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More than a third of Guantanamo detainees now on hunger strike, Pentagon says

NEW YORK A week after a raid that put Guantanamo Bay's largest and most communal prison camp under lockdown, the number of detainees the U.S. military says are participating in a 10-week-long hunger strike has grown to 63 of the 166 men held at the camp -- more than one-third of the men incarcerated there, according to the Defense Department.

Just a week ago, the Pentagon's official tally was 42 men on hunger strike at the prison camp.

Fifteen of the hunger strikers are currently being force-fed liquid nutrients, "to preserve life or prevent serious self-harm," said Guantanamo spokesman Capt. Robert Durand. The process involves a detainee being strapped to a chair and having Ensure poured into a plastic tube that runs down his nose and throat.

In the past eight days, Durand said two detainees had tried to commit suicide by hanging themselves. The U.S. Southern Command, which oversees the Navy base in southern Cuba, has designated seven of the nine detainee deaths at Guantanamo since it opened in 2002 as suicides.

The military commander at Guantanamo, Rear Admiral John Smith, ordered the early morning April 13 raid on Camp Six, because guards could no longer see inside the facility, Durand said. Detainees had covered up 147 of the 160 security cameras and hung sheets blocking the guards' view of the common areas.

"This action was taken to ensure the health and safety of the detainees. I cannot say emphatically enough: it was not done to 'break' the hunger strike," Durand said. "We made the decision to move detainees into individual cells based on the detainees' continued efforts to block observation."

Durand said detainees had begun covering security cameras in February, when the hunger strike began. In statements conveyed by their attorneys, the detainees claimed they began refusing meals following stepped-up inspections that included searching their Korans -- considered a desecration -- and confiscating personal items such as photos, letters, legal papers, and exercise mats.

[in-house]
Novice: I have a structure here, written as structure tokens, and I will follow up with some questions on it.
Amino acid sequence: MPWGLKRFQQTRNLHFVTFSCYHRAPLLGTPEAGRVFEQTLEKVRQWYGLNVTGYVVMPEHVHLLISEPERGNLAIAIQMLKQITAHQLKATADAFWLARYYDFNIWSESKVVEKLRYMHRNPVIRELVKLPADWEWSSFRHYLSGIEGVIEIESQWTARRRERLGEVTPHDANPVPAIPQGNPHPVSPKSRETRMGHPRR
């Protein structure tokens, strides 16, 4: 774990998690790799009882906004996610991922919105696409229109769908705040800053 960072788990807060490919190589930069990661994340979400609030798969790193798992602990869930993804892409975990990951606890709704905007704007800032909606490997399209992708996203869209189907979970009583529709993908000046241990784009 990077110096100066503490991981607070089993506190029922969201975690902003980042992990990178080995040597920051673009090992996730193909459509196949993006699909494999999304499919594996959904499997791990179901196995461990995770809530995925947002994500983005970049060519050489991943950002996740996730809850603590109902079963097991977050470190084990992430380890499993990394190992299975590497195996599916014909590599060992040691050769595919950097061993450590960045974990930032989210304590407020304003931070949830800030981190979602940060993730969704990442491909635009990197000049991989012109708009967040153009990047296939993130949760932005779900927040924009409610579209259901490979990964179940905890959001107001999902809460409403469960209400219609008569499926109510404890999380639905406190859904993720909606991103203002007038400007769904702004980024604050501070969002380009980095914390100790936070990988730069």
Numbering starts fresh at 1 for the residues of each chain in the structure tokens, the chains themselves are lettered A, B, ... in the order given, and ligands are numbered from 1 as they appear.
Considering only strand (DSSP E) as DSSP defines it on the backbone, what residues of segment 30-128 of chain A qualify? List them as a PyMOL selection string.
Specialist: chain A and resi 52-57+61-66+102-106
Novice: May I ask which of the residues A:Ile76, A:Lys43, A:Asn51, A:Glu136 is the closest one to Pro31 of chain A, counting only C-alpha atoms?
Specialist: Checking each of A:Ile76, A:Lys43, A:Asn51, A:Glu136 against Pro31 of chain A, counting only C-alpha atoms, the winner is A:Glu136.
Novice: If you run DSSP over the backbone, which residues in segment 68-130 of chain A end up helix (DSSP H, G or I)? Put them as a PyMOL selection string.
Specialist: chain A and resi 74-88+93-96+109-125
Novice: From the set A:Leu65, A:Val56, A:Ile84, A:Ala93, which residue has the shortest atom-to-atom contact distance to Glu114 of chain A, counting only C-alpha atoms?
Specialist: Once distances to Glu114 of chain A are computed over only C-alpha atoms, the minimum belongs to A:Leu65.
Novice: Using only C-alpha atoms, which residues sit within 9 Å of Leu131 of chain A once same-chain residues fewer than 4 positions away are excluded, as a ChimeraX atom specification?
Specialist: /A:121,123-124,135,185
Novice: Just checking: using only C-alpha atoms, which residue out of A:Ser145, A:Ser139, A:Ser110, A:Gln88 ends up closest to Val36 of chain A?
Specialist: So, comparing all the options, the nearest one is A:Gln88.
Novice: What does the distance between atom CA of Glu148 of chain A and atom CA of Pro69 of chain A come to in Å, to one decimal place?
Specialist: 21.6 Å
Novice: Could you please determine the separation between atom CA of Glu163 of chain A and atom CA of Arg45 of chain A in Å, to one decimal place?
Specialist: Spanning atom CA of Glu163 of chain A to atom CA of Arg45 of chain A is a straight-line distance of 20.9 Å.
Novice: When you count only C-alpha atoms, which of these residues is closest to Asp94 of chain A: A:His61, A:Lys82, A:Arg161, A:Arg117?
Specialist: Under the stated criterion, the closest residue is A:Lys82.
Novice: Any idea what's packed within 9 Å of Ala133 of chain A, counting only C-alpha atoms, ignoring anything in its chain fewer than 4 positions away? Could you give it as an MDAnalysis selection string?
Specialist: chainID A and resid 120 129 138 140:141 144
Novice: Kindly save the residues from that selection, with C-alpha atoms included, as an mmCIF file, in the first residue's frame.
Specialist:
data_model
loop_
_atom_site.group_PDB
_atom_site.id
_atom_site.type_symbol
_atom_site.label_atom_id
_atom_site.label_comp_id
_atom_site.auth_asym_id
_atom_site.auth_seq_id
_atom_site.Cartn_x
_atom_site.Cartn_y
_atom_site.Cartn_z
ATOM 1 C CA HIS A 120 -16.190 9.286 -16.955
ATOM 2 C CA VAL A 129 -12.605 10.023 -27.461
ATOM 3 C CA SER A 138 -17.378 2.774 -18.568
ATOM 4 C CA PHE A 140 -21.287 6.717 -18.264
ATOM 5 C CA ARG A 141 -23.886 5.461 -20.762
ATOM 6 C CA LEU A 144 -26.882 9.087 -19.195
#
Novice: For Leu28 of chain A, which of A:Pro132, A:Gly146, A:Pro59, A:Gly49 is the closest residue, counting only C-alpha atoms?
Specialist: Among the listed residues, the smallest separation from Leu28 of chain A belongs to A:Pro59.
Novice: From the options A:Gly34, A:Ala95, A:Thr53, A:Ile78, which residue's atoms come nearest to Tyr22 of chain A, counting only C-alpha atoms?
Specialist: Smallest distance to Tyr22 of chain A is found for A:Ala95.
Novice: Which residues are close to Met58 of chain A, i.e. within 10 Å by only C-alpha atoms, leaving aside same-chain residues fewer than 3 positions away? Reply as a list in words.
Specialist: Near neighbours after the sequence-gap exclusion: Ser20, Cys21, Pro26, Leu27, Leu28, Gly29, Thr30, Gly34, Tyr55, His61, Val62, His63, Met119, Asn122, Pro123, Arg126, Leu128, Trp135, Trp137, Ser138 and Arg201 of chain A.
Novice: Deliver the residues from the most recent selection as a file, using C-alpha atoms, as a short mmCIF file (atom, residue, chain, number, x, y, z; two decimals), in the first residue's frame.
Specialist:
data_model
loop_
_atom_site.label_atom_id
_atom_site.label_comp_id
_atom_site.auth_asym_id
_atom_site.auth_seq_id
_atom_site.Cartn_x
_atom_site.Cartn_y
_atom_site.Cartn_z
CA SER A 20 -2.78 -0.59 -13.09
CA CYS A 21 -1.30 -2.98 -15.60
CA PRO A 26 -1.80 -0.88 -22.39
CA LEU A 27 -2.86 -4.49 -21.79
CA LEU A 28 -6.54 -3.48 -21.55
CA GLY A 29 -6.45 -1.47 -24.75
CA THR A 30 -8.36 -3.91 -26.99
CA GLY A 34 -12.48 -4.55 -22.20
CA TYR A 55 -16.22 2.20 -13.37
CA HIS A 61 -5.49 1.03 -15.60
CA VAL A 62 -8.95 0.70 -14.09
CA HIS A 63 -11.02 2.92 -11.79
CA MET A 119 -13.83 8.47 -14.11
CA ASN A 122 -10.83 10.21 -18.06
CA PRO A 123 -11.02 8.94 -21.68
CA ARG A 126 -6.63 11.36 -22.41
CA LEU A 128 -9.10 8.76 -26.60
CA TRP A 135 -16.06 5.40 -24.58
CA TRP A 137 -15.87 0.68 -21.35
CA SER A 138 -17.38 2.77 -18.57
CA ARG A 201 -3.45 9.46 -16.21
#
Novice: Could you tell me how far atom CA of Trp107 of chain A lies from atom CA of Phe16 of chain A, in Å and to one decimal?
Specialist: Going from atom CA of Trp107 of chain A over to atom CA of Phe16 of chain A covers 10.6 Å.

"The lack of continuous observation warranted serious concerns," Durand said. "We should have gone in earlier."

Half the 130 detainees who lived in Camp Six have been moved to the more restrictive Camp Five.

Ghaleb Al-Bihani
Ghaleb Al-Bihani CBS/Handout

One of them is Ghaleb Al-Bihani, according to his attorney, Pardiss Kebriaei, from the New York-based Center for Constitutional Rights.

"When we met at Guantanamo last week, he had lost over 40 pounds and was visibly weak," Kebriaei said.

A 2004 U.S. military assessment posted by WikiLeaks alleged that al-Bihani, born in 1979 in Yemen, fought with al Qaeda against U.S. forces in Afghanistan. After nearly 11 years at Guantanamo, he has yet to be charged with any war crime./p>

"Instead of pre-dawn raids, violence, brutal force-feeding," Kebriaei said, "the administration should direct its energy to closing the prison by appointing an official to lead the effort forward and releasing the men it never intends to charge."

Base medical staff monitor detainees for weight loss and ill effects from hunger striking. Refusing meals for three consecutive days is a red flag.

"This is exactly the opposite of what the military should be doing," said Ohio federal defender Carlos Warner, who represents Guantanamo detainee Fayiz Al-Kandari, from Kuwait. "The military is escalating the conflict."

Warner, Kebriaei, and other detainee attorneys claim that more men than the military acknowledges -- even most of the 130 men who lived Camp Six -- are on hunger strike, based on detainee statements and in-person visits with them.

Last Saturday's raid came the day after a delegation from the International Committee of the Red Cross, the only independent group allowed access to the detainees, departed after three weeks at the base. The ICRC does not comment publicly on its findings, but it opposes force-feedings.

"We raise issues bilaterally to maintain access and hopefully impact the situations we work from within," said ICRC spokesman Simon Schorno.

Captain Durand disputed an Op-Ed column by detainee Samir Naji al-Hasan Moqbel published April 15 in the New York Times stating two detainees now weighed less than 100 pounds.

"None of the new hunger strikers has gone below 100 pounds," Durand said. He said one detainee who has been hunger striking for years did drop to 90 pounds last year but recently weighed 120 pounds.

In a Washington federal court on Monday, detainee attorneys lost a motion seeking an order for the military to cease what the lawyers claim is retaliation against hunger strikers, such as allegedly depriving them of clean drinking water and keeping cells at chilly temperatures. The claims have been made by detainees, including Moqbel, in statements via their attorneys.

Musaab Omar al-Madhwani
Musaab Omar al-Madhwani CBS/Handout